By Wallace Ravven on October 12, 1999

A series of political defeats, declines in campaign contributions and a recent
falloff in revenue appear to signal an erosion of tobacco industry influence in
California, even though the industry remains a major political force in the
state, according to a new report from the University of California, San

Despite nine attempts by tobacco interests to repeal or delay the first
state-wide smoke free bar law, public health groups were able to stave off the
attacks and preserve the law, which has been in effect since January 1, 1998,
the study documents.

The report, “Turning the Tide: Tobacco Industry Political Influence and
Tobacco Policy Making in California 1997-1998,” is the fourteenth assessment of
tobacco industry activities and influence in California published by the
Institute for Health Policy Studies at UCSF.

Authors are Sheryl Magzamen, MPH, postgraduate researcher in the Institute,
and Stanton Glantz, PhD, professor of medicine at UC San Francisco and a member
of the UCSF Institute and UCSF’s Cardiovascular Research Institute. Glantz is a
tobacco industry scholar and longtime critic of many of the industry’s tactics
to influence smoking, from state policies to advertising.

The report describes a break in a decade-long pattern of tobacco industry
campaign contributions in California: Since 1991-1992, the industry’s
contributions have favored the party in power. But in the 1997-1998 election
cycle, Republicans received 81 percent of tobacco campaign money even though
the Democrats controlled both houses of the Legislature. Contributions to
Republicans in the state have doubled since the beginning of the decade, the
report finds.

The report scrutinizes tobacco industry political contributions and finds an
association between the amount given and a recipient’s support for the tobacco

The authors identify a six-year downward trend in the industry’s total
expenditures in the state (excluding initiatives), with recent declines in
contributions to legislators and constitutional officers. (These statistics are
complicated by the 1996 passage, and subsequent nullification by the courts, of
Proposition 208, the campaign finance reform initiative.)

The tobacco industry contributed $848,635 to state legislators and legislative
candidates, constitutional officers, and political party committees. On a per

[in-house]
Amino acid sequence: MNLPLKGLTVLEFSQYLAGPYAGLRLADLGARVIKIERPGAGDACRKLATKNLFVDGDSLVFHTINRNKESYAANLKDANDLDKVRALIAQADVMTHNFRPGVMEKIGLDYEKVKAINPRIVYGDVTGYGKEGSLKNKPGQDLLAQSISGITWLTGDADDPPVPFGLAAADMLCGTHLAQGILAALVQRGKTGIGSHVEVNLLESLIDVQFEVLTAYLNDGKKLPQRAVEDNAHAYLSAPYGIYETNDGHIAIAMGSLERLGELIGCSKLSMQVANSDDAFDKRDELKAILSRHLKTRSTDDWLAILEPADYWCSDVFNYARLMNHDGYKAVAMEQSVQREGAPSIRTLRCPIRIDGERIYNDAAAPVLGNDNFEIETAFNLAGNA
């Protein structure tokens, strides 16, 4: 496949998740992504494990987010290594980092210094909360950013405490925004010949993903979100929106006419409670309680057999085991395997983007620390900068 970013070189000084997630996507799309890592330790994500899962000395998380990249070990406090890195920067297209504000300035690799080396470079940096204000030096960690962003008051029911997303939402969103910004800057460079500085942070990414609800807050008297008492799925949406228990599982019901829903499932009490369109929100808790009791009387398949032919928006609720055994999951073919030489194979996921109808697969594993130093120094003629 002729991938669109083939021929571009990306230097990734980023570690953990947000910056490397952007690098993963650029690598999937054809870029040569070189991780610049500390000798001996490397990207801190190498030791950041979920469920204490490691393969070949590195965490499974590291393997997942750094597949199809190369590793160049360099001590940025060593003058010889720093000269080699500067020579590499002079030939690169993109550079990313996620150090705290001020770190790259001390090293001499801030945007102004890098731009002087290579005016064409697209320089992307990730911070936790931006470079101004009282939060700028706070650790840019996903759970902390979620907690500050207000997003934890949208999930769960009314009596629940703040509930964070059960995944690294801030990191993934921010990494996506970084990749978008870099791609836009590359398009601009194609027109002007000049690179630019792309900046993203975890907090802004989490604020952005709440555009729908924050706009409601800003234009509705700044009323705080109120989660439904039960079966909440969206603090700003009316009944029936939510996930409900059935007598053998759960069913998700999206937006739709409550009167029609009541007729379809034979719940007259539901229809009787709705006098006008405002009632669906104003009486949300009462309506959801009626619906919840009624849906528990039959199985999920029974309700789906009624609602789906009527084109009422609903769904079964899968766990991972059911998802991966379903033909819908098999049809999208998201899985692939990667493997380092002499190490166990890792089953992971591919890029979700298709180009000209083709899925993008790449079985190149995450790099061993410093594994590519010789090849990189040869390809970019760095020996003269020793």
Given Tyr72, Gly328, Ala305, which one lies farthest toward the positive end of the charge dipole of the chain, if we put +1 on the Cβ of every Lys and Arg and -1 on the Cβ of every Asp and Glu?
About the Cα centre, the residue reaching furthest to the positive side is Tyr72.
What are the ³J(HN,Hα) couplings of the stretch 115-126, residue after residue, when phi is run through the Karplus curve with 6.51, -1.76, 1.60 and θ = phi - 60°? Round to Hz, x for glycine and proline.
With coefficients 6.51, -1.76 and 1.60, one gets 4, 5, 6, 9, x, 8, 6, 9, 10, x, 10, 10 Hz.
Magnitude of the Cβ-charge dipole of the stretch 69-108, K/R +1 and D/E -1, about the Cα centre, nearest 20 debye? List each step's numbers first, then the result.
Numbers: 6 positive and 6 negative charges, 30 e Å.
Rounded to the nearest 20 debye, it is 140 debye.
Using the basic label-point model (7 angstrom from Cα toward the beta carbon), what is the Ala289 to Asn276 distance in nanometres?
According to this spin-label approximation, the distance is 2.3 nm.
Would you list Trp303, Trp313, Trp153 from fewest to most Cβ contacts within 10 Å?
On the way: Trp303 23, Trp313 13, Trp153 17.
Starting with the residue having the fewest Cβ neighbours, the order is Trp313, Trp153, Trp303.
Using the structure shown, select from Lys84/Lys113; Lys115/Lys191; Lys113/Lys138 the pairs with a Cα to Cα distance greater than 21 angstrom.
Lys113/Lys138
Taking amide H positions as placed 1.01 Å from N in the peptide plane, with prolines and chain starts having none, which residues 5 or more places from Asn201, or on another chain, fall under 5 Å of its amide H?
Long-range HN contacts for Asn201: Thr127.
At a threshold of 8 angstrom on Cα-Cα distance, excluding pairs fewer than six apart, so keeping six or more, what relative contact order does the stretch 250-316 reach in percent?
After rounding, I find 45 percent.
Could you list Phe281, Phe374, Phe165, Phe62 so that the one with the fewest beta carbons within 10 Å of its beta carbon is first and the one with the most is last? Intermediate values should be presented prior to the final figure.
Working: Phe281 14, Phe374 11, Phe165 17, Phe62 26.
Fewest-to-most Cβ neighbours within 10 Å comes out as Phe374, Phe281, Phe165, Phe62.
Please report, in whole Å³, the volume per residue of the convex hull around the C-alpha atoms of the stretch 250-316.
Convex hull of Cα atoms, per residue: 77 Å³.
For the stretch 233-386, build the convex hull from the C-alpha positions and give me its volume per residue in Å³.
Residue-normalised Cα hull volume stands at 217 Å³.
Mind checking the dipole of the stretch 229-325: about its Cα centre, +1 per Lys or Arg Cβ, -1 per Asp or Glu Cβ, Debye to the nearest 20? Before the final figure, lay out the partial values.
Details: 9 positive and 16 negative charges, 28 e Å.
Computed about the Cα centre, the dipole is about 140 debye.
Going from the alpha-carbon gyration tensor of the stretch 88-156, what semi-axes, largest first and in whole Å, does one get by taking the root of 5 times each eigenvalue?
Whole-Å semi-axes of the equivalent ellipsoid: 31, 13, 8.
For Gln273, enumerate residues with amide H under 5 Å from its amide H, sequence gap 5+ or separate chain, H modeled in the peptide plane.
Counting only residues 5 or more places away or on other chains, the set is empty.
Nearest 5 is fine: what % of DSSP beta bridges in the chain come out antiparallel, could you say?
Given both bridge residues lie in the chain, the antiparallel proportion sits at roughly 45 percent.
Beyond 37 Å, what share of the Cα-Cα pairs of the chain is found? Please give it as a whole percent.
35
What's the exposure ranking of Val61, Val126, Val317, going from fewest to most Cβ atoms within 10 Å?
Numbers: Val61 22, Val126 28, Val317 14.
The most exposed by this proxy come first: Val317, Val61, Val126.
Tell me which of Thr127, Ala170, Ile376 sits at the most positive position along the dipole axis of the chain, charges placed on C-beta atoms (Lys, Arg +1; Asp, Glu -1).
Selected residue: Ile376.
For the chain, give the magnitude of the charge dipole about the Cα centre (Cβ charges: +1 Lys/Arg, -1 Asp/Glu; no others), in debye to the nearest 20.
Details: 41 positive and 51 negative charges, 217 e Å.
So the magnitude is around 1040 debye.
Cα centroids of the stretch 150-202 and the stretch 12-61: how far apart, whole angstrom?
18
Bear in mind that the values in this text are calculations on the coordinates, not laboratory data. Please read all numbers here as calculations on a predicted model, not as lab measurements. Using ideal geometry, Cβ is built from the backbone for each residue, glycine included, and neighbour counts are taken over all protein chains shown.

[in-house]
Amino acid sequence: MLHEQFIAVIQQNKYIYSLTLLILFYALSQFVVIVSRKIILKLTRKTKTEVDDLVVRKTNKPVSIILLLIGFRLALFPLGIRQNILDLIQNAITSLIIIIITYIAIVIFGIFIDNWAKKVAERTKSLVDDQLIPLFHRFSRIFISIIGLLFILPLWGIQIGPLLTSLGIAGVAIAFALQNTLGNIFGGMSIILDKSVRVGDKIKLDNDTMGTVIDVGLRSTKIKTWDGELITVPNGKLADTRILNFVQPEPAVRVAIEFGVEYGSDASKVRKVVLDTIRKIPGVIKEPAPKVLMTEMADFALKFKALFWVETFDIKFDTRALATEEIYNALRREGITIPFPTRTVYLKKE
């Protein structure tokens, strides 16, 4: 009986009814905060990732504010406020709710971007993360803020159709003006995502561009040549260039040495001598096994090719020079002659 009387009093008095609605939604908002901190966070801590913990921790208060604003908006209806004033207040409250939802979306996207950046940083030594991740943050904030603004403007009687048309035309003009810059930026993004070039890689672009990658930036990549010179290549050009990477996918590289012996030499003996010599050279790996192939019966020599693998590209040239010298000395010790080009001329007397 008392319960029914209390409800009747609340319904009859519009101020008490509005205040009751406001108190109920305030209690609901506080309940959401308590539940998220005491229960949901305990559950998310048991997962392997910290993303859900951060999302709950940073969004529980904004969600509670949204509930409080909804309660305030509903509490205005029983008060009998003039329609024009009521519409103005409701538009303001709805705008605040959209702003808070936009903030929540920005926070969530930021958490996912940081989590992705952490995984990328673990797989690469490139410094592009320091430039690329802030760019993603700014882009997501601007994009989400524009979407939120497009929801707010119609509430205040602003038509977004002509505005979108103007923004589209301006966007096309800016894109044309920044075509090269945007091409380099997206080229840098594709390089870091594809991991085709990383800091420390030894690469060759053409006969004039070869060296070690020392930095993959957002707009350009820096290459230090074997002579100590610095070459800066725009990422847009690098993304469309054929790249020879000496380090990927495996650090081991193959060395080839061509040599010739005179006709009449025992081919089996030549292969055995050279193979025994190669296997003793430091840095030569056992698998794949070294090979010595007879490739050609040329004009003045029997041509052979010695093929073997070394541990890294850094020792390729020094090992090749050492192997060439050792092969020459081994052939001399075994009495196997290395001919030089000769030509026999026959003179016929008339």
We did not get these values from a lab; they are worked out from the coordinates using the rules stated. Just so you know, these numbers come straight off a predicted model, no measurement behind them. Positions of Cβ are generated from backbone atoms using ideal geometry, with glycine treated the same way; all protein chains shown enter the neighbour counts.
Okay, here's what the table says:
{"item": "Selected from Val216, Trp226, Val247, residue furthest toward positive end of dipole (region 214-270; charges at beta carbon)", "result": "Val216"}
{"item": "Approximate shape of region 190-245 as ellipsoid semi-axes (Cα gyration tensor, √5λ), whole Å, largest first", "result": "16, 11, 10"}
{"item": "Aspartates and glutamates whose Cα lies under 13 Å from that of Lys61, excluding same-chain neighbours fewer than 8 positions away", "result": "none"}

member basis, California legislators continued to receive more money than
members of Congress ($5117 per member in California compared to $4373 per
member of Congress), the report shows.
While campaign contributions were down, tobacco industry lobbying
expenditures continued to grow in 1997-98, to $3.4 million, up from $3 million
in 1995-1996.
## Other findings summarized by the report:

* The tobacco industry failed to prevent passage of Proposition 10
in 1998, an initiative to create early childhood development programs, funded
through a $.50 increase of the tobacco tax. The tobacco industry spent $29.4
million in its unsuccessful effort to defeat Proposition 10, compared to $7
million by supporters of the initiative.
* Recent statistics from the State Board of Equalization indicate
that there has been a 28 percent reduction in tobacco consumption in the first six months of 1999 in California compared to the first six months of 1998. This reduction reflected
the effects of price increases due to the tax increase, wholesale price
increases by the tobacco industry, and the revival of the state’s tobacco
control program.

The report concludes: “Tobacco control advocates must campaign for continued
funding of tobacco control programs to increase awareness that despite the
victories of 1997 and 1998, tobacco use is still a primary public health
problem in California.”
The full report, including contributions to specific politicians,
is available on the UCSF Library web site at
The research was supported by the National Cancer Institute and the American
Cancer Society.